I will conclude with a few comments on the aforementioned commission meeting and access in general. The meeting was long and many people spoke, both in favor and against the proposal. I thought that all of the speakers, except one, were sincere and honest in their statements. I think that most of the proponents went home and said that they really believe in property rights, but this issue is just too important to consider them. After all, those people in the foothills shouldn’t have cut off access to the forest. The one negative exception was a well known and long-time member of the uncontrolled growth, developer community. Here is a guy who filled his pockets with money, with absolutely no concern for the community, coming before the commission asking the government to fix the problem he helped to create. Not one home owner had anything to do with the development and zoning in the foothills. Now we are the “fall guy” for the developers who never had any plan except how to put money in their pocket. What hypocrisy.
Then this guy pulls a typical Clinton, Socialist Democrat, trump card. He stated that some property owner in the foothills told him that they did not want people from the Ranchos in their neighborhood. Typical leftist. If you have no reasonable argument, try to separate people by race or religion or economic situation or where they live. I was insulted. Let it be known that many members of the access group live in mansions on huge estates where no one can get within a half mile of their home. They could buy and sell my entire neighborhood with their entertainment budget. I never considered their economic condition a factor in this controversy. Just don’t sit in your palace and try to drive this kind of wedge between the middle class home owners in my neighborhood and the middle class home owner in the Ranchos. You disgust me.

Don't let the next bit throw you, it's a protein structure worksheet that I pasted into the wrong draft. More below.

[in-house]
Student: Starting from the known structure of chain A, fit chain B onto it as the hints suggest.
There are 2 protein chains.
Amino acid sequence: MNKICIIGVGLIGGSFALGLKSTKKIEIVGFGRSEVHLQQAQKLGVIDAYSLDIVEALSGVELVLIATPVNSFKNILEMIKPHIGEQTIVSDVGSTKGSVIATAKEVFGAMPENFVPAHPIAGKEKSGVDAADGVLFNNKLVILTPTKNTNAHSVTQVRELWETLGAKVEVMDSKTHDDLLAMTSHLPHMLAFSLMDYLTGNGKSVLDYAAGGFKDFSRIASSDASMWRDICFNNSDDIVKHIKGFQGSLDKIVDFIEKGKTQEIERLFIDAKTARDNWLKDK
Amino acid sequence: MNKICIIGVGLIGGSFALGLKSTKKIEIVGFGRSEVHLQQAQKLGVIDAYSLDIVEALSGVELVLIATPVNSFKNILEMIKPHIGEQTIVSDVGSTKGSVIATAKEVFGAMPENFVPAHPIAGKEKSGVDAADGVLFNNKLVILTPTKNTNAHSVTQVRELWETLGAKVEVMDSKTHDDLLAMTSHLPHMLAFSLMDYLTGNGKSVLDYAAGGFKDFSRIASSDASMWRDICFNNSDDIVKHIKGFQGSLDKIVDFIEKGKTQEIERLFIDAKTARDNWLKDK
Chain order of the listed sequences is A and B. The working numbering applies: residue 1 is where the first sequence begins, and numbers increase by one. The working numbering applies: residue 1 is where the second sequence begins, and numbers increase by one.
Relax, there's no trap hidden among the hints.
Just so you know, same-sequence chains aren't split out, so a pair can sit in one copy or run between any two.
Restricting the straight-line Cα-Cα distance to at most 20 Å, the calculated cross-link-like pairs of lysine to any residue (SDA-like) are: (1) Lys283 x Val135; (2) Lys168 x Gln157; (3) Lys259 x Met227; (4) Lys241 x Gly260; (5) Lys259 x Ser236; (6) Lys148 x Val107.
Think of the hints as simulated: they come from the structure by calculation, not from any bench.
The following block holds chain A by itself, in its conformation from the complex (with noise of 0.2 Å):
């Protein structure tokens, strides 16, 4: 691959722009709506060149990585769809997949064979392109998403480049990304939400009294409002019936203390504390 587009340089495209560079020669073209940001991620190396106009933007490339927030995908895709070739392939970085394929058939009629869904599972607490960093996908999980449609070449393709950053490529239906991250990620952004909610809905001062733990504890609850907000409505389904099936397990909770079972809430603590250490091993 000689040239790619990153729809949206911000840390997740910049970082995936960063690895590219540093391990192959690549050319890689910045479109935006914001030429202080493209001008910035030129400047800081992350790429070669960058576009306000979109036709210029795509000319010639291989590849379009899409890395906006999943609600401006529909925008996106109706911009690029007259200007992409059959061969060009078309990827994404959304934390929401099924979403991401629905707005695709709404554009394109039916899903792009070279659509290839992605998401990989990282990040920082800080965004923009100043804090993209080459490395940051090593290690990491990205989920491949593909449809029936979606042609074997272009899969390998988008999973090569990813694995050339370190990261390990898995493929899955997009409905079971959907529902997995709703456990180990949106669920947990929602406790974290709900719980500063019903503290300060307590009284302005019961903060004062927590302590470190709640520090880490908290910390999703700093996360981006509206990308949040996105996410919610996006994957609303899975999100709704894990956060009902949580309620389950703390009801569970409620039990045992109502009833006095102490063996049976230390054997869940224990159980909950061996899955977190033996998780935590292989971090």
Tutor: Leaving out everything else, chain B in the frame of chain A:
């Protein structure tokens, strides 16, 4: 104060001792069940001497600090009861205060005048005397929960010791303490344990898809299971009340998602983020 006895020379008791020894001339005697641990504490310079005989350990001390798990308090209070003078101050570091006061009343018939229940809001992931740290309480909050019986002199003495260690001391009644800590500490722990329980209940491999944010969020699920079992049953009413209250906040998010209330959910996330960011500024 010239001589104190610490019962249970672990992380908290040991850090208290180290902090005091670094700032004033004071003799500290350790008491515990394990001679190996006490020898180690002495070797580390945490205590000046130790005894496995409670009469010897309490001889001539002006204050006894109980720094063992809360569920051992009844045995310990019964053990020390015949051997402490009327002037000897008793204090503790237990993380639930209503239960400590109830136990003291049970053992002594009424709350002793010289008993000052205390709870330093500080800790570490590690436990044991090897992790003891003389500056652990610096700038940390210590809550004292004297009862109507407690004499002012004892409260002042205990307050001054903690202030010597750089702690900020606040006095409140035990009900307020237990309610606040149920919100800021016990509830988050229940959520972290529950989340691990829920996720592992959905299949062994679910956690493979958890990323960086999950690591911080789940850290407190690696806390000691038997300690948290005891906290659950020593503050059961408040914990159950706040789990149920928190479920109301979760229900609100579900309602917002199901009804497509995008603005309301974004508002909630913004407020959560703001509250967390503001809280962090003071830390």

I have two recommendations on the issue of increased access. First, the access community should put their resources into opening the current access at the Job’s Peak development to horses, before the properties are sold. If the access is there for hikers, I don’t see the objection to allowing horses. I want to state again, access is available now except for horses. Commissioner Etchegoyen’s statement about not being able to hike to the top of Job’s Peak from Douglas County was untrue and out of line. The access is there now. This issue is only about horses and where to park the horse trailers.
My second point is about access to the Carson River. Some of the areas along the river are very beautiful and wild but have no access for the general public. This could be very easily remedied if Commissioner Etchegoyen would put his influence to work and is as dedicated to access as he says. At the west end of Seventh Street in Minden is a big open field which could be used for a parking lot without really bothering anyone. From there, people could hike or ride their horses along old ranch roads and paths to and along the river without really bothering anyone. We could put up a sign that says “No motorized vehicles and stay out of the way of anyone who might be working along your way.” Think about it.
Editor’s note: Al Walker is a resident of Gardnerville.